The Academy, the Otherworld and Between
Keywords:Feminist witchcraft, Goddess Spirituality, modern Paganism, researcher positioning
The paper discusses twenty-five years of research, beginning with feminist witches in New Zealand, moving to the small but diverse Pagan community of Malta, then to European Pagan communities more broadly, and recently to larger themes pertinent to Paganisms globally, such as nationalism, trans-nationalism, cosmopolitanism, and local/global influences and processes. My career and this paper are preoccupied with researcher and Pagan identities and positioning, and with the socio-cultural contexts in which they are crafted, including the academic one. An anthropologist is always and inevitably, to some degree, a liminal being, whose position as a perpetual ‘in-betweener’ has long been problematized within the discipline. For those who research witches and Pagans, this liminality is amplified because our research participants, too, are liminal in the societies they inhabit, and because seeking liminality – or going ‘between the worlds’ – is fundamental to Pagan rituals and everyday life. In this narrative I show that while an anthropologist’s positioning is inherently problematic, liminality can be comfortable and explicable by employing the metaphor of the hag who, though liminal, can fully occupy multiple worlds.
Batten, Juliet. Celebrating the Southern Seasons: Rituals for Aotearoa.Auckland: Tandem Press, 1995.
——. Power from Within: A Feminist Guide to Ritual–making. Auckland: Ishtar Books, 1988.
Blain, Jenny, and Robert Wallis. Sacred Sites, Contested Rites/Rights: Pagan Engagements with Archaeological Monuments. Brighton: Sussex Academic Press, 2007.
Campbell, Joseph, with Bill Moyers. The Power of Myth. Edited by Betty Sue Flowers. New York: Doubleday, 1988.
Christ, Carol P. “Why Women Need the Goddess: Phenomenological, Psychological and Political Reflections.” In Womanspirit Rising: A Feminist Reader on Religion, edited by Carol P. Christ and Judith Plaskow, 273–87. San Francisco: Harper & Row, 1979.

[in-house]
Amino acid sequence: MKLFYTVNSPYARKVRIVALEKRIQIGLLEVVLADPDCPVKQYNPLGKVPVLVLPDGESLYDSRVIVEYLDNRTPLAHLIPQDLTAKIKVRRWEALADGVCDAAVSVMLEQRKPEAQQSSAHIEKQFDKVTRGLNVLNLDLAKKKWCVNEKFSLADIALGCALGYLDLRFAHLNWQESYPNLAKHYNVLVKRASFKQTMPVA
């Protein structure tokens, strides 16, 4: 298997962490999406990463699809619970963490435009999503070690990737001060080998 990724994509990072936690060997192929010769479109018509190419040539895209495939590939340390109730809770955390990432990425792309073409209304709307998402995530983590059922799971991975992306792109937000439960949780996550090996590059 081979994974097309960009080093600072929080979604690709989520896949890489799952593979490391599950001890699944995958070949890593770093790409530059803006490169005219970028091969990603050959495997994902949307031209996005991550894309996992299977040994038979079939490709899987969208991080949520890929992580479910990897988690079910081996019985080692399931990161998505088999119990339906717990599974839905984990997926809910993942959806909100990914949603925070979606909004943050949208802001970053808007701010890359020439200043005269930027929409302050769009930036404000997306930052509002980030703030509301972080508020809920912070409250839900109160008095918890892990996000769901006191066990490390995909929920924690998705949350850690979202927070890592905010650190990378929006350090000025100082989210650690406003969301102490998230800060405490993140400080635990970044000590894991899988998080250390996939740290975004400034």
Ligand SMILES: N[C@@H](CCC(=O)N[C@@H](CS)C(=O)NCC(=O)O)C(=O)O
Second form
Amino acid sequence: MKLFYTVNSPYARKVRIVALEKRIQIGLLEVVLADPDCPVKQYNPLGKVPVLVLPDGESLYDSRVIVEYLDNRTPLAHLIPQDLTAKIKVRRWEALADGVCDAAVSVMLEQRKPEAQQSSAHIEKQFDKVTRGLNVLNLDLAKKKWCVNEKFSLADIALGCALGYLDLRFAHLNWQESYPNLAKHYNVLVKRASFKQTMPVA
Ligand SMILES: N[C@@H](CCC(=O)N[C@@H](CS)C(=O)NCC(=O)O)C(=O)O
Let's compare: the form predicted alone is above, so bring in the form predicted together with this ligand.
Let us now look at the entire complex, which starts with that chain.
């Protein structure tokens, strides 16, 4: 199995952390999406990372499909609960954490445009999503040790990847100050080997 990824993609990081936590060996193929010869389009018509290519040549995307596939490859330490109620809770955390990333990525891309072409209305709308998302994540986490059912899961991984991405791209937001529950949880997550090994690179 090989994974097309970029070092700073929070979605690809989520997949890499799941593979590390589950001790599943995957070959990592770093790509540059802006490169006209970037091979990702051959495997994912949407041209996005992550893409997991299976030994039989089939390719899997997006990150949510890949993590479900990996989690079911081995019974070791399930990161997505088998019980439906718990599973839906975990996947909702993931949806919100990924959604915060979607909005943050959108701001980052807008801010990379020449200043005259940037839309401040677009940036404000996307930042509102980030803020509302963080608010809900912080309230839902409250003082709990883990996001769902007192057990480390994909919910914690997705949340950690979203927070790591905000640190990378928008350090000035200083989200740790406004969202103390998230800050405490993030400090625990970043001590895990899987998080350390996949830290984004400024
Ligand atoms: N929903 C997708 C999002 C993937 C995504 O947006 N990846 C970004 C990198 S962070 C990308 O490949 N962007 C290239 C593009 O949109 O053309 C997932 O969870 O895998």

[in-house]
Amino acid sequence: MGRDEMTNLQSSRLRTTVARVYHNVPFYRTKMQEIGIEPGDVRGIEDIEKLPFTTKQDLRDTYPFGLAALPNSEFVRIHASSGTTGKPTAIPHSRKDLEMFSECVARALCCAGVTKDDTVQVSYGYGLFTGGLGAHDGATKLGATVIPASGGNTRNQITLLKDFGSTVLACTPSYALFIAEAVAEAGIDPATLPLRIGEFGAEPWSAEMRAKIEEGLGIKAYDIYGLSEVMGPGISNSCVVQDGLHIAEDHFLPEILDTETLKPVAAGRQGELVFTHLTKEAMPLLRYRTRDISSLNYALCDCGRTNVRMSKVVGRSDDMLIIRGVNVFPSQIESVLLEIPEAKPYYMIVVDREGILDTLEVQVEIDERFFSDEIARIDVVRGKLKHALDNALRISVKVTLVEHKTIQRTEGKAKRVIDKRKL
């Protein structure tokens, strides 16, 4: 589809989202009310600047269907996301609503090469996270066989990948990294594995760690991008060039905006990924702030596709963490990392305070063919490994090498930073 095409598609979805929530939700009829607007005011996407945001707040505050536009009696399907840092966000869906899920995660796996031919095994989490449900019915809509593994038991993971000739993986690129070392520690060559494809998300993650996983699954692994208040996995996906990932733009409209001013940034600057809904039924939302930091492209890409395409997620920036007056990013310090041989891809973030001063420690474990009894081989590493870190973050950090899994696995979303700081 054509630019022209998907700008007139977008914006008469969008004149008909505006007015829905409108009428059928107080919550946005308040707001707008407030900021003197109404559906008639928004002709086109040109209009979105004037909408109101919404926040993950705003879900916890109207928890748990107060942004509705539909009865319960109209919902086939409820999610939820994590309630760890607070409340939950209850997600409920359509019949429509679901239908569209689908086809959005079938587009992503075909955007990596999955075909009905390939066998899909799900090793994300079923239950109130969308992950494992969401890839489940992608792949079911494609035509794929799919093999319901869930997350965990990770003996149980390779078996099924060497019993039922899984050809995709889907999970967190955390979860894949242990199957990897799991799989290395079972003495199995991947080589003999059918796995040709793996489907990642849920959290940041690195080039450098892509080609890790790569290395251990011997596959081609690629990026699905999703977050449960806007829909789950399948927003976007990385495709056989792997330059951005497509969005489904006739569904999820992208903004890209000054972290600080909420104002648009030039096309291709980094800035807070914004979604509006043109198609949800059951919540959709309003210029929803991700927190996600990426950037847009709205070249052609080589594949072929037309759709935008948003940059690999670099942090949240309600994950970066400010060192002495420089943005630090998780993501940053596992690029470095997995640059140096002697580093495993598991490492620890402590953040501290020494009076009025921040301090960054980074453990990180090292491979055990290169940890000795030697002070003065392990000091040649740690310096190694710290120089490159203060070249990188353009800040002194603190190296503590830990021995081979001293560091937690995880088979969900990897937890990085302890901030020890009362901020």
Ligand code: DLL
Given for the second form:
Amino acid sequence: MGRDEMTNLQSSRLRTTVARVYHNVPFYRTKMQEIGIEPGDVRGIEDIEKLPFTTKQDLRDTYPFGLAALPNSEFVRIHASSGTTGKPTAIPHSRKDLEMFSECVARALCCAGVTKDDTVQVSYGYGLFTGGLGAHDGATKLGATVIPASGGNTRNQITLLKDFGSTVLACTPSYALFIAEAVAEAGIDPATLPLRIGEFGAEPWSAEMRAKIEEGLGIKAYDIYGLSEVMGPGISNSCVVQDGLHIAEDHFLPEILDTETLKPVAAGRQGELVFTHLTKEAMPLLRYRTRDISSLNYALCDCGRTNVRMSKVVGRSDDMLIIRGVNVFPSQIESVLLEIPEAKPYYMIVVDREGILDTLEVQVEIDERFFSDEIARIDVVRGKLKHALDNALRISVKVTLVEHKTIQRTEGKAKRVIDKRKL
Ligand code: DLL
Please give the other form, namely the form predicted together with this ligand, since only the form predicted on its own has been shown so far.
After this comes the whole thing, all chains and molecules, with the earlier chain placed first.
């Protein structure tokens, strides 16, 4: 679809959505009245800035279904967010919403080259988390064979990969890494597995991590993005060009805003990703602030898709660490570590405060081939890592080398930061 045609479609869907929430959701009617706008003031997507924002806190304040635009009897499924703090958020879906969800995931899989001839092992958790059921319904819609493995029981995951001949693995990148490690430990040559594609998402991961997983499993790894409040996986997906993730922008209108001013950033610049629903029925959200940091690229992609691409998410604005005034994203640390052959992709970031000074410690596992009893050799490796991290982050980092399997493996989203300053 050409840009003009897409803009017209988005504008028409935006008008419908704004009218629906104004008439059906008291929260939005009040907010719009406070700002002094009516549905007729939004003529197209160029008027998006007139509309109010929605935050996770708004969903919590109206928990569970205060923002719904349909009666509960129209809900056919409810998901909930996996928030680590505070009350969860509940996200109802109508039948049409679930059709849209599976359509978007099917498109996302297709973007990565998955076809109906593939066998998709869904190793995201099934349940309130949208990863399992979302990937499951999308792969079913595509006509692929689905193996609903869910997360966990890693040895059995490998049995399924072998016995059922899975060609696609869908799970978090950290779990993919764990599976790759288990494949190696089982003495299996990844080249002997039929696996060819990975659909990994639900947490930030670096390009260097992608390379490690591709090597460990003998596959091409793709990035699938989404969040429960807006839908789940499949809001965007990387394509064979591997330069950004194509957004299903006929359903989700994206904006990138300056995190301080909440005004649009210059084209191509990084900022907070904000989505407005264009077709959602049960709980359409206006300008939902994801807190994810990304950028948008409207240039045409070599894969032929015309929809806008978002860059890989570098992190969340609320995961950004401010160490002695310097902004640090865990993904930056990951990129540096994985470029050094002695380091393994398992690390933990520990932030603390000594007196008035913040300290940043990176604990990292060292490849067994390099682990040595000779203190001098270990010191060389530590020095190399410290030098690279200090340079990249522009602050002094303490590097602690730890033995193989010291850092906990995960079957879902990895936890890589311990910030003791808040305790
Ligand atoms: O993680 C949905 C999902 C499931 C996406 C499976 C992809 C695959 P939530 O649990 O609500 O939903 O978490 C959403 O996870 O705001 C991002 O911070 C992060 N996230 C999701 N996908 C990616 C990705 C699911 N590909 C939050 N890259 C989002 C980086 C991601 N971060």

Duerr, Hans Peter. Dreamtime: Concerning the Boundary between Wilderness and Civilization. New York: Basil Blackwell, 1985.
Eliot, Thomas Stearns. Selected Essays. New York: Harcourt, Brace and Co., 1950.
Greenwood, Susan. Magic, Witchcraft and the Otherworld: An Anthropology. Oxford: Berg, 2000.
Hume, Lynne. Witchcraft and Paganism in Australia. Melbourne: Melbourne University Press, 1997.
Jackson, Michael. Paths toward a Clearing: Radical Empiricism and Ethnographic Enquiry. Bloomington: Indiana University Press, 1989.
Kirtsoglou, Elisabeth. For the Love of Women: Gender, Identity and Same–Sex Relationships in a Greek Provincial Town. London: Routledge, 2004. http://dx.doi.org/ 10.4324/9780203414415.
Lewis, Ioan. Religion in Context: Cults and Charisma. Cambridge: Cambridge University Press, 1986.
Luhrmann, Tanya. Persuasions of the Witch’s Craft: Ritual Magic in Contemporary England. Cambridge, Mass.: Harvard University Press, 1989.
Magliocco, Sabina. Witching Culture: Folklore and Neo–Paganism in America. Philadelphia: University of Pennsylvania Press, 2004. http://dx.doi.org/10.9783/97808 12202700.
Rountree, Kathryn. “Archaeologists and Goddess Feminists at Çatalhöyük: An Experiment in Multivocality.” Journal of Feminist Studies in Religion 23, no. 2 (2007): 7–26. http://dx.doi.org/10.2979/FSR.2007.23.2.7.
——. ed. Archaeology of Spiritualities. New York: Springer, 2012.
——. “The Case of the Missing Goddess: Plurality, Power and Prejudice in Reconstructions of Malta’s Neolithic Past.” Journal of Feminist Studies in Religion 19, no. 2 (2003): 25–44.